Evaluating Factors Associated With Telehealth Appropriateness in Outpatient Rheumatoid Arthritis Encounters Using the Encounter Appropriateness Score for You (EASY)

J Rheumatol. 2024 Jun 15:jrheum.2024-0014. doi: 10.3899/jrheum.2024-0014. Online ahead of print.

Abstract

Objective: Telehealth has been proposed as a safe and effective alternative to in-person care for rheumatoid arthritis (RA). The purpose of this study was to evaluate factors associated with telehealth appropriateness in outpatient RA encounters.

Methods: A prospective cohort study (January 1, 2021, to August 31, 2021) was conducted using electronic health record data from outpatient RA encounters in a single academic rheumatology practice. Rheumatology providers rated the telehealth appropriateness of their own encounters using the Encounter Appropriateness Score for You (EASY) immediately following each encounter. Robust Poisson regression with generalized estimating equations modeling was used to evaluate the association of telehealth appropriateness with patient demographics, RA clinical characteristics, comorbid noninflammatory causes of joint pain, previous and current encounter characteristics, and provider characteristics.

Results: During the study period, 1823 outpatient encounters with 1177 unique patients with RA received an EASY score from 25 rheumatology providers. In the final multivariate model, factors associated with increased telehealth appropriateness included higher average provider preference for telehealth in prior encounters (relative risk [RR] 1.26, 95% CI 1.21-1.31), telehealth as the current encounter modality (RR 2.27, 95% CI 1.95-2.64), and increased patient age (RR 1.05, 95% CI 1.01-1.09). Factors associated with decreased telehealth appropriateness included moderate (RR 0.81, 95% CI 0.68-0.96) and high (RR 0.57, 95% CI 0.46-0.70) RA disease activity and if the previous encounters were conducted by telehealth (RR 0.83, 95% CI 0.73-0.95).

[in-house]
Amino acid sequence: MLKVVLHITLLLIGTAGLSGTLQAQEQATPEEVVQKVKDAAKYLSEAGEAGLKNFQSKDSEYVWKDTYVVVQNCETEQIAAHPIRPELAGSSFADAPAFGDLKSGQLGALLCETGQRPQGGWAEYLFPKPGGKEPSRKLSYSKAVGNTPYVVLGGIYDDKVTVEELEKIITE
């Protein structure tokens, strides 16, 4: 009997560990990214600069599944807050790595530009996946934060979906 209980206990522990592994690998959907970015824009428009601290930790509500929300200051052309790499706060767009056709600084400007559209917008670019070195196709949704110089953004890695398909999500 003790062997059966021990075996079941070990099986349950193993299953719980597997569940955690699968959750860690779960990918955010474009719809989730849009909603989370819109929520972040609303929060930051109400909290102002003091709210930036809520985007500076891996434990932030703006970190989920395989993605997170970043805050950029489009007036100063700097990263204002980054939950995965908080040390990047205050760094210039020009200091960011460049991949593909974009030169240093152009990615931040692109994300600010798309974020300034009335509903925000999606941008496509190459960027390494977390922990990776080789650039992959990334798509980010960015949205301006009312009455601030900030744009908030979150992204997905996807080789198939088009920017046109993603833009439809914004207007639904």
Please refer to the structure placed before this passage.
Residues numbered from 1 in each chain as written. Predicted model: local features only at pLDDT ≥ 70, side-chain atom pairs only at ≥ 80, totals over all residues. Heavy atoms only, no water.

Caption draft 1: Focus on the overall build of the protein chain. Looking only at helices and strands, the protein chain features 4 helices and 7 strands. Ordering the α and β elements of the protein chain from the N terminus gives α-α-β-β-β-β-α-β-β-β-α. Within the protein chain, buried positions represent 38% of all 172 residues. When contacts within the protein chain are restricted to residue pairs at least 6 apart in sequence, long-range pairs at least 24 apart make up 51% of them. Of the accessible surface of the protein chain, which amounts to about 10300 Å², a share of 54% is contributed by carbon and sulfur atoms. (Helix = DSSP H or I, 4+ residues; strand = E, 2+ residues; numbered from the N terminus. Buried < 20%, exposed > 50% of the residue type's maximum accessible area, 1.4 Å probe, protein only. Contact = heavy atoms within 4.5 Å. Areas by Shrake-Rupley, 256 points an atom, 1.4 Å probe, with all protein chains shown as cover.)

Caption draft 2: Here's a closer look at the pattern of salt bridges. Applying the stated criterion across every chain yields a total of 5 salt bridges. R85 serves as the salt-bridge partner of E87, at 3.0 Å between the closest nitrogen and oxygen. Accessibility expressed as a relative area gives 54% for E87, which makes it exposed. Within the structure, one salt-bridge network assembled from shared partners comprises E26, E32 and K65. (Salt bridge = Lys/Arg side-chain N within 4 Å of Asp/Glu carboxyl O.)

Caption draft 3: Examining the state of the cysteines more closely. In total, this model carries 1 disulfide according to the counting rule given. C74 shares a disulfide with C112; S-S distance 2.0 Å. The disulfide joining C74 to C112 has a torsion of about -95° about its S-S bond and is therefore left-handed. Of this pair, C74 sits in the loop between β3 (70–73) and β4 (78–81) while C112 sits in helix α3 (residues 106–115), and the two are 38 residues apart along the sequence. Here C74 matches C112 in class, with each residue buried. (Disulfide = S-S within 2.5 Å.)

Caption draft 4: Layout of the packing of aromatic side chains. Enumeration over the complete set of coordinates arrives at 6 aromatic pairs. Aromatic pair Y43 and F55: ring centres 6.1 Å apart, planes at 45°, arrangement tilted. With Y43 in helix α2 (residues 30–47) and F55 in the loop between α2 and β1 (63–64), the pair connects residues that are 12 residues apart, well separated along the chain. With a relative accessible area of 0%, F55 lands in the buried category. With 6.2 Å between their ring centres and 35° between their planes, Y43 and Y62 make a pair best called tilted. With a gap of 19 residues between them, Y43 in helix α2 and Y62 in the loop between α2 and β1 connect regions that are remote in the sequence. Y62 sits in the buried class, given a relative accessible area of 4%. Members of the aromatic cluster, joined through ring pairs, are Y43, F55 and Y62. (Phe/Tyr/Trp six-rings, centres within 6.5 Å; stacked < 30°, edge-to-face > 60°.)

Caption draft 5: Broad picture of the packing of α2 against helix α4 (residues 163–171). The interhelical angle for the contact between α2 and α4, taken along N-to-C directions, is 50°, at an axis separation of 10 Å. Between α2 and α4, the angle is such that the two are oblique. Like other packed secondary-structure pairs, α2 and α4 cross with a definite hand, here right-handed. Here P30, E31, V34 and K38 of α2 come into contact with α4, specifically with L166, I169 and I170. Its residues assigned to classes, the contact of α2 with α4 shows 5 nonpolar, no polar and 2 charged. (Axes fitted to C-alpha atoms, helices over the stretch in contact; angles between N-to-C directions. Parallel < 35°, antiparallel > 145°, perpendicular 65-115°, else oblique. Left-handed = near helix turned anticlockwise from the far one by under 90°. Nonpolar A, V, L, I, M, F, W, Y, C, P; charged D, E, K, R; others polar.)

Conclusion: In this study, telehealth appropriateness was most associated with provider preference, the current and previous encounter modality, and RA disease activity. Other factors like patient demographics, RA medications, and comorbid noninflammatory causes of joint pain were not associated with telehealth appropriateness.